Note: This is usually way more complicate than that…the wrong values in the registers $ra and $fp will most likely bring the program to crash very soon for some reason.

So far we need to find the address of a set of instructions which will give us some sort of privileges useful  to achieve what we aim for. This is a difficult task, we could realize after hours reading the disassembled code of a program that no part of it offers the privileges we are looking for.

But wait, there is a part of the memory over which we have the complete control, they are the two arrays containing the password and the username.
Then we could fill them with the code we would like to execute and give to the $ra register the address of our code.

Finally our method will look a bit like this:


3.2 – The shellcode

Now the question: what would we like to execute?
The payload of a buffer overflow exploit is usually called shellcode because most of the time it aims to spawn a shell that will be completely under our control (especially if the program runs with root privileges like in the case of suid programs).

So let’s see how it looks like the code to spawn a shell:


Now in order to create our payload we need to compile it and get the binary code of the single instructions. When compiling we need to use the -static flag, otherwise the library who contains the function execve will be linked dynamically at load time and we will not be able to clearly see all the code disassembling our executable.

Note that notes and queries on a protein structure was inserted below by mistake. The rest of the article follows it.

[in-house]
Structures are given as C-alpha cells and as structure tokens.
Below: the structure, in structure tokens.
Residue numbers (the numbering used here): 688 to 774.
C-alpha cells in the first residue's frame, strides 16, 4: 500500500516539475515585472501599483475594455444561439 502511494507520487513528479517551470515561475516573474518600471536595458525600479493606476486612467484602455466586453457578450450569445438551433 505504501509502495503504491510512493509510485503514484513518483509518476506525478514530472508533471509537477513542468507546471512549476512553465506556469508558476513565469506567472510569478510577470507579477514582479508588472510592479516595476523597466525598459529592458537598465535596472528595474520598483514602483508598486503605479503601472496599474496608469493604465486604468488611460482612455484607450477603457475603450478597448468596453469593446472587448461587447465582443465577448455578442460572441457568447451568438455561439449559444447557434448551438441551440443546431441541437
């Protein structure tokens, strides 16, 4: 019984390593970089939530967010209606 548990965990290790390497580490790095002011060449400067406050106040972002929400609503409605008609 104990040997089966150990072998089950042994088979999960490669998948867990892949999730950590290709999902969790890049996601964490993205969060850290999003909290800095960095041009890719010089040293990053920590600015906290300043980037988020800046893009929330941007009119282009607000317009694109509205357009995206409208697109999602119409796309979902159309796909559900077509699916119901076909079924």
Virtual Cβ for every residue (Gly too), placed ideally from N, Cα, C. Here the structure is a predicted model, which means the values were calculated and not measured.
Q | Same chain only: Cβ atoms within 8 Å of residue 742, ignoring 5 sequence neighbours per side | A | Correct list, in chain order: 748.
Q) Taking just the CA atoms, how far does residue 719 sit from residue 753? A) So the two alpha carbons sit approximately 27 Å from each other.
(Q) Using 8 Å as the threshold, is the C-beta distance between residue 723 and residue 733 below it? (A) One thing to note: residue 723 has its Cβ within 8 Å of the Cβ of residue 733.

That’s how it looks like our shellcode after compiling :
(note that in this article I’m referring to a machine who uses a mips processor, so we will be working using the mips instructions set)


Note the call to <.pic.execve>, that’s what we are interested in.
Note also that the compiler adds a bunch of instructions who are completely useless to us (like move at, at who is used here as delay slot after a jump instruction).

Lets try to understand what the code does:

  1. It reserves space on the stack
  2. Stores the registers $ra and $s8 in the stack (note that $s8 is another   way to call the frame pointer $fp)
  3. Stores some address into the stack and a NULL/zero value after it. It must be the content of the array named “name” (0x41 is probably a reference to the memory segment where is stored the string “/bin/sh”).
  4. It puts in the following registers the following data:
    $a0  —–> the address of the string “/bin/sh”
    $a1  —–> the address to the part of the stack who contains the
    address to the string “/bin/sh” and a NULL pointer.
    $a2 ——> a NULL pointer
  5. Load the code 4011 on the register $v0 and make a syscall

According with the mips conventions, the registers $a0, $a1 and $a2 are used as parameters for the function execve.

Taking out the unnecessary instructions and putting everything together that’s what we obtain:


Note that we need to specify the address of the string “/bin/sh”

There are still unnecessary instructions, then we can make this code even smaller:


But we need to remember that in the flaw we are trying to exploit we will not have a data section who contains  the string “/bin/sh”, so we need to store it somewhere on our own. Let’s try to store it on the stack.


In this way we are storing the string “/bin/sh” in the stack.
Let’s compile and try to execute it!


It works as we want, the program spawn a shell.
Now we need the get the binary code of our program in order to put something the computer can read in our payload. One of the easiest way to do that is using gdb to analyse the memory.